Tuesday, March 29, 2022

The Life Cycle of a Bed Bug

Although small in size, bed bugs can quickly reproduce and survive for months
without feeding, allowing undetected infestations to rapidly grow.

Saturday, March 26, 2022

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Locally owned and operated, providing pest control for your friends and neighbors in the Eugene, Springfield and surrounding areas for more than 35 years.

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Call us for an estimate: 541-688-0580 Eugene | 503-371-8373 Salem

Wednesday, March 23, 2022

Out of Sight - Episode 4: Mice in the Bathroom

While their tracks may not be noticeable to the naked eye, rodents
can spread germs, bacteria and disease with every step as they
 scurry through our homes, particularly the bathroom.

Sunday, March 20, 2022

Out of Sight - Episode 3: Cockroaches in the Bathroom

What you see isn’t always what you get. While their tracks may not be visible,
cockroaches are notorious for leaving behind traces of serious germs and bacteria as they traverse through your home, particularly the bathroom.

Thursday, March 17, 2022

Moths For Kids

Zoologist Jess learns about moths, and sets up a trap overnight in a bid
to collect some of the more beautiful varieties.

Monday, March 14, 2022

Differences Between Butterflies and Moths

While the butterflies form a monophyletic group, the moths, comprising the rest of the Lepidoptera, do not. Many attempts have been made to group the superfamilies of the Lepidoptera into natural groups, most of which fail because one of the two groups is not monophyletic: Microlepidoptera and Macrolepidoptera, Heterocera and Rhopalocera, Jugatae and Frenatae, Monotrysia and Ditrysia.

Although the rules for distinguishing moths from butterflies are not well established, one very good guiding principle is that butterflies have thin antennae and (with the exception of the family Hedylidae) have small balls or clubs at the end of their antennae. Moth antennae are usually feathery with no ball on the end. The divisions are named by this principle: "club-antennae" (Rhopalocera) or "varied-antennae" (Heterocera). Lepidoptera differs between butterflies and other organisms due to evolving a special characteristic of having the tube-like proboscis in the Middle Triassic which allowed them to acquire nectar from flowering plants.

Article Source Wikipedia

Friday, March 11, 2022

Out of Sight - Episode 2: Cockroaches in the Kitchen

While their tracks may not be noticeable to the naked eye, cockroaches can spread germs
 and bacteria with every step as they scurry through our homes.

Tuesday, March 8, 2022

10 Fascinating Cockroach Facts

Most homeowners are aware of the health and safety risks associated with cockroach infestations, including the allergies and asthma triggered by cockroach allergens, and the germs and bacteria they have been known to spread. What may not be as widely known is the fact that cockroaches are a very interesting and resilient pest that exhibits some very odd behavior and survival tactics. For example, cockroaches spend 75% of their time resting and can withstand temperatures as cold as 32 degrees Fahrenheit!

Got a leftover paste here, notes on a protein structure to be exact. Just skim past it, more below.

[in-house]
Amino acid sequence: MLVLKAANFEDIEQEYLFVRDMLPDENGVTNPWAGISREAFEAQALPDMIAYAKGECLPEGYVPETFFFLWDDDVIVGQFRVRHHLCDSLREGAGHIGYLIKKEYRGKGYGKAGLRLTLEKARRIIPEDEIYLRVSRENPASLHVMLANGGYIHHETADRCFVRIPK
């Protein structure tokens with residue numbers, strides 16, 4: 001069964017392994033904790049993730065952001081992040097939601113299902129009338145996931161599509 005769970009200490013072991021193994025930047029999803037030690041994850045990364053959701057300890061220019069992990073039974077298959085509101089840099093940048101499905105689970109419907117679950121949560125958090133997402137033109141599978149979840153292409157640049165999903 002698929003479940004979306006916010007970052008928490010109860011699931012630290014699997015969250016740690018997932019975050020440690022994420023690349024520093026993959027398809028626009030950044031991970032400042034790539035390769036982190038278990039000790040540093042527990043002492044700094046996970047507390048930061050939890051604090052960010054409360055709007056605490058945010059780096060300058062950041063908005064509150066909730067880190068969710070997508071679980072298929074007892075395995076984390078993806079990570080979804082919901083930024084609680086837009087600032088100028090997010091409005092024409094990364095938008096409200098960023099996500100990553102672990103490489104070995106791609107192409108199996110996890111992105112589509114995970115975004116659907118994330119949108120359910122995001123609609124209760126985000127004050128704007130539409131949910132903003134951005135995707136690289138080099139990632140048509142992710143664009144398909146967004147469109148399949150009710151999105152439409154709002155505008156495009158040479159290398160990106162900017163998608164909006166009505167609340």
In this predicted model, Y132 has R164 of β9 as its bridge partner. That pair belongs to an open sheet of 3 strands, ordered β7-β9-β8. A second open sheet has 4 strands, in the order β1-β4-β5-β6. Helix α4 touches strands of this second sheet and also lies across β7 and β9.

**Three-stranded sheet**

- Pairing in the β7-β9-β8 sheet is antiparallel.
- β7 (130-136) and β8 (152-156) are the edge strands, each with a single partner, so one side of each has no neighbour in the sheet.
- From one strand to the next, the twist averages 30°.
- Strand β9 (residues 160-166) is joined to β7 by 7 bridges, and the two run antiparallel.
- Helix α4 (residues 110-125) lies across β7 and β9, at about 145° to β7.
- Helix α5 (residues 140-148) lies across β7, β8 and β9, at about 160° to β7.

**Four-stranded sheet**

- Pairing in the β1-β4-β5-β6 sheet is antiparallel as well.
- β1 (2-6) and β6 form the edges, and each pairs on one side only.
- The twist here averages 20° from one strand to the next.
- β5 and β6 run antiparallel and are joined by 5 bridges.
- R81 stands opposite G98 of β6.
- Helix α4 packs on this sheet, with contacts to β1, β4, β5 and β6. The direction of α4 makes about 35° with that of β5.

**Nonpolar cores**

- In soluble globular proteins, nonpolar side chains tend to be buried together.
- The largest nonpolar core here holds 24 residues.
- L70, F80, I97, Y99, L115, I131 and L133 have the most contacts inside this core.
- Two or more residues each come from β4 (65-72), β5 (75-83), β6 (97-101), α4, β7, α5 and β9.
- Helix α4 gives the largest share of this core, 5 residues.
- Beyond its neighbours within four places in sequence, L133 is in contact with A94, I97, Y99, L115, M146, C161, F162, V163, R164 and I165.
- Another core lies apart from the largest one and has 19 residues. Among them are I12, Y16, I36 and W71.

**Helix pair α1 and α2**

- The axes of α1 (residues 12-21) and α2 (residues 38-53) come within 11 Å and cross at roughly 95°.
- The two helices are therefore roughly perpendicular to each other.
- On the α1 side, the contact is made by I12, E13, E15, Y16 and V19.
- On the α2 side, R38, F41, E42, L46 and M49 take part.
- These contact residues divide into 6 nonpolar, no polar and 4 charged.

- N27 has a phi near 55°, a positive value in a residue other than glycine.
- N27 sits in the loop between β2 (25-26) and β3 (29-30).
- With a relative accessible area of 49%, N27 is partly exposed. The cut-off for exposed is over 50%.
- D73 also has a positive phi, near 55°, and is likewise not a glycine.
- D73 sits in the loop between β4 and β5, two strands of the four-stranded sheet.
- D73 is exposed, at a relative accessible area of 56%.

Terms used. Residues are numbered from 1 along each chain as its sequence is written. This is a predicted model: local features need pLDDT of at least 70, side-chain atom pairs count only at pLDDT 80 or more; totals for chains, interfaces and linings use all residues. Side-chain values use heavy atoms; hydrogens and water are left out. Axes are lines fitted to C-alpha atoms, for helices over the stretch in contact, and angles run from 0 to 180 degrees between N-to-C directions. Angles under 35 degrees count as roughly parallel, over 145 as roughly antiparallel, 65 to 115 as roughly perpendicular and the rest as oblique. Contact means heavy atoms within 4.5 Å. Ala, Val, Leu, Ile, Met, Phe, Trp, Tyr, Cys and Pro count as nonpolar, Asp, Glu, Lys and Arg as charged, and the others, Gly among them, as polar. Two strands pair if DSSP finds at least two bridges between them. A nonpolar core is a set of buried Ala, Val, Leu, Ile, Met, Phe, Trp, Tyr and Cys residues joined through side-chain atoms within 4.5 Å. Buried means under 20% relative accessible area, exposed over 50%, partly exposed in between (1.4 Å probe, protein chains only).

1.) A Cockroach Can Live for Week Without Its Head

Due to their open circulatory system, and the fact that they breathe through little holes in each of their body segments, they are not dependent on the mouth or head to breathe. The roach only dies because without a mouth, it can't drink water and dies of thirst.

2.) A Cockroach Can Hold Its Breath for 40 Minutes

These pests can even survive being submerged under water for half an hour. They hold their breath often to help regulate their loss of water.

3.) They Can Run Up to Three Miles in an Hour

While this may seem like an impressive athletic ability, what it really means is that they can spread germs and bacteria throughout a home very quickly. 

More Facts

Saturday, March 5, 2022

Out of Sight - Episode 1: Mice in the Kitchen

While their tracks may not be noticeable to the naked eye, rodents can spread germs,
bacteria and disease with every step as they scurry through our homes.

Wednesday, March 2, 2022

Why Having a Mouse Problem Is Worse Than You Thought

When it comes to household pests, rats seem scarier to deal with than mice, right? They are larger than the usual mouse and tend to live in dirtier places. Compared to the rat (or other household pests that are hard to get rid of), mice seem pretty tame. But don’t let their smallness fool you—mice can be quite dangerous lurking around your house.

First, let’s talk lifespan. According to a study published by the UK government, a mouse only lives up to 9 to 12 months. In that lifespan, the mouse does get quite busy. After six weeks of living, a mouse is sexually active and ready to start producing young mice. In that short time span, a typical mouse will have 5-6 young mice up to 8 different times per year. So that means if this small mouse is living in your home, she’s producing up to 40 to 48 little mice in 12 months time. Now consider the fact that these mice will also become sexually active, producing mice of their own. That, my friends, is a lot of mice.

Not only will you be dealing with hundreds of mice scurrying within your walls, but you’ll be dealing with a lot of mouse activity. Unlike rats, mice can climb well. This means finding mice on the top shelf of your pantry isn’t actually uncommon. Plus, their droppings are scattered (unlike a rat, who tends to just go in one place), so if a mouse got in your food you should probably throw it away immediately. Who knows what’s in there!

Source: Family Handyman